World of Opera
Verdi's final two operas, Otello and Falstaff, were both based on Shakespeare. Together, they may be the finest valedictory in the history of opera, and Falstaff may also be the most optimistic. This recent production comes to us from Milan's La Scala, where the opera was premiered in 1893.
Marschner's work seldom appears in today's theaters, despite playing an important historical role in operatic history. His operas fill the musical gap between the early, German Romantic operas of Weber, and the revolutionary music dramas of Wagner.
Hans Heiling tells a folk-based tale of a clash between two worlds, the mortal and the spiritual.
Not widely known today, Simon Mayr was among the most important opera composers of the early 19th-century, bringing German harmonic language and orchestral color to the world of Italian opera. His Medea tells the gripping mythological story of a woman so obsessed with revenge that she destroys her own children.
Few operas have stories as perfectly suited to a composer as this one. It's hard to imagine a more complex weave of antic comedy, shocking violence and emotional betrayals than librettist Lorenzo da Ponte's incisive adaptation of the Don Juan legend -- or a composer better equipped to handle it than Mozart.
Otello, Iago and Desdemona, three of literature's most complex and compelling characters, come to life in what many consider Verdi's most moving opera. Written when the composer was in his early 70s, Otello takes one of Shakespeare's finest tragedies and, if anything, makes it even more powerful and heartbreaking.
Puccini's popular thriller careens violently from passion-driven corruption to torture, murder and suicide, yet proves that even the most sensational entertainment can make an artistic statement that's both enduring, and profoundly beautiful. From Barcelona, Sondra Radvanovsky gives a powerful, yet nuanced performance in the title role.
This opera -- The Thieving Magpie -- features one of Rossini's most popular and ingenious overtures, yet the opera itself is rarely heard. The production comes to us from the prestigious Rossini Opera Festival, held annually in the composer's home town.
Deceptively complex, this comic farce leaves many listeners a little bit queasy. Lorenzo da Ponte's libretto may spring plenty of lightweight jokes, but in tandem with Mozart's music the trickery reminds us that even our most cherished relationships can quickly turn fragile, and tenuous.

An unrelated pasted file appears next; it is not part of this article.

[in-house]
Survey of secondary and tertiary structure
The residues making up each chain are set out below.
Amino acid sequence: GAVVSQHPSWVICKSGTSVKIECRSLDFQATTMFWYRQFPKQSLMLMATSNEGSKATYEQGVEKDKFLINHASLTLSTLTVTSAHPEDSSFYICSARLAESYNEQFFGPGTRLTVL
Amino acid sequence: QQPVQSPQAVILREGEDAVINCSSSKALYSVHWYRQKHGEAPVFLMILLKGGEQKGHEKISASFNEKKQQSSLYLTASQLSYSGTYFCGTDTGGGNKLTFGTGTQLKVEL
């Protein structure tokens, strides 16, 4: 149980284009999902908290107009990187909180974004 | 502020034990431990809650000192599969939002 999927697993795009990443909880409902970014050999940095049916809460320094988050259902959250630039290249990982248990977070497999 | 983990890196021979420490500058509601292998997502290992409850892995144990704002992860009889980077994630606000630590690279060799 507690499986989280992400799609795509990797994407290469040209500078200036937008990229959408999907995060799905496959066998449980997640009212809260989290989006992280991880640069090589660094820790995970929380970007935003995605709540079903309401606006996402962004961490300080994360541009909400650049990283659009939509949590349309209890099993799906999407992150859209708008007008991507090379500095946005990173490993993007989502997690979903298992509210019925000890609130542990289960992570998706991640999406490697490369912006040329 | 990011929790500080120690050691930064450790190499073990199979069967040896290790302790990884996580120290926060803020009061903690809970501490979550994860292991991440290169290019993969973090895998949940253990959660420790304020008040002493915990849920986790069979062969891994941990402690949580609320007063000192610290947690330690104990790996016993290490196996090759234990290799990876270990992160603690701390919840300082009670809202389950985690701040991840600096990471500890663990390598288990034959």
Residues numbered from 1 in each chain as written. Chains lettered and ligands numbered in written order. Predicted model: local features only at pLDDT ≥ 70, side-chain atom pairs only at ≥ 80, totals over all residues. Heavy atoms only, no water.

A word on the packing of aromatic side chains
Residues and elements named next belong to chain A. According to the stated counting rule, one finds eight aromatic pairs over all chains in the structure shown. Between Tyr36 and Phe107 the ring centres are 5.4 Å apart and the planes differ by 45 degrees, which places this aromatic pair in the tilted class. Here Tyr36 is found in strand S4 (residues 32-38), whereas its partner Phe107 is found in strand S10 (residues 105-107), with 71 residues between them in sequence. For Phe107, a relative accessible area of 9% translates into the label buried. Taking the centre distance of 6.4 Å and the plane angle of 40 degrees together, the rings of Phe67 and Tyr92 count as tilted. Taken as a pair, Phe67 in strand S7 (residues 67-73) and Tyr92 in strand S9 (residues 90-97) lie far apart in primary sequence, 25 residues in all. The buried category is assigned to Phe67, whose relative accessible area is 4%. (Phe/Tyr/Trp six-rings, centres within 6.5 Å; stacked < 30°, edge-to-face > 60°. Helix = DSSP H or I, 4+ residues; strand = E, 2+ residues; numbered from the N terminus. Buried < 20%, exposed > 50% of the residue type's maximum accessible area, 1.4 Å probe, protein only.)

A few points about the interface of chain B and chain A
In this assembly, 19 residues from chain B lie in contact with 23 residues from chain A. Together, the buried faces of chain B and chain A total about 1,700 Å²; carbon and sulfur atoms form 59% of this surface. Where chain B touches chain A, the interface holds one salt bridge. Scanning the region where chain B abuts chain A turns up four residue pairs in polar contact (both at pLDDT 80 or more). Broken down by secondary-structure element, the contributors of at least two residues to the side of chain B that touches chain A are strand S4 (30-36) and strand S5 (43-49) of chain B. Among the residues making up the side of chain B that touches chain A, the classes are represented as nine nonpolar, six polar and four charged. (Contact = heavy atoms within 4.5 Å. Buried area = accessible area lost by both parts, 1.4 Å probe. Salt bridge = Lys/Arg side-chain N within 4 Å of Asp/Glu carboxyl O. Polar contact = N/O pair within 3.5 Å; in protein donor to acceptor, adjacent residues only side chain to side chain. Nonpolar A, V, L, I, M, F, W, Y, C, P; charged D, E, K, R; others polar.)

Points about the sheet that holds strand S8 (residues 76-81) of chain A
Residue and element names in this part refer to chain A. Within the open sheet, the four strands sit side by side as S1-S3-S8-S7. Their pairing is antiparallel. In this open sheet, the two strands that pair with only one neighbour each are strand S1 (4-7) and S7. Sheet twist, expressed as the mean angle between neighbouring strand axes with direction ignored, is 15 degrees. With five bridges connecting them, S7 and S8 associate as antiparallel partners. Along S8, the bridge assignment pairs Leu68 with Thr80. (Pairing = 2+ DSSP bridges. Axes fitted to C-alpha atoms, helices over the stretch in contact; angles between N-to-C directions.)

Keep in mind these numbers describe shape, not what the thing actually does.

Verdi's complex tragedy has an outlandish story, but also serves up an astonishing number of his most familiar melodies, and that music has made it one of the most popular of all the composer's operas. This production is from the historic Théâtre Antique in Orange, an ancient Roman venue dating back some 2000 years.
If William Tell, the complete opera, was as familiar as its ubiquitous overture, it might well be acclaimed as the most famous opera ever composed. Still, as this Covent Garden production demonstrates, Rossini's final opera is far more than just the original home to "the theme from the Lone Ranger."
A fanciful one-act opera by Tchaikovsky combines with Stravinsky's uniquely evocative melodrama in an intriguing and colorful double-bill from one of France's foremost summer festivals.
If you believe the story, this classic "rescue" opera is the piece the Emperor said had, "too many notes." Judging by its lasting popularity, audiences seem to think it has just the right number of notes and so, apparently, did Mozart.
When this opera premiered in Paris, in 1877, it was criticized as a sort of hybrid -- stuck between the contrasting worlds of French Grand Opera and opéra comique. Yet with its passionate, historical story, and the allure of Gounod's highly-accomplished score, it's beginning to get a second chance.
Verdi finds intrigue, love and tragedy in a fiery drama by Schiller
A timeless legend, set to music in Chausson's only opera.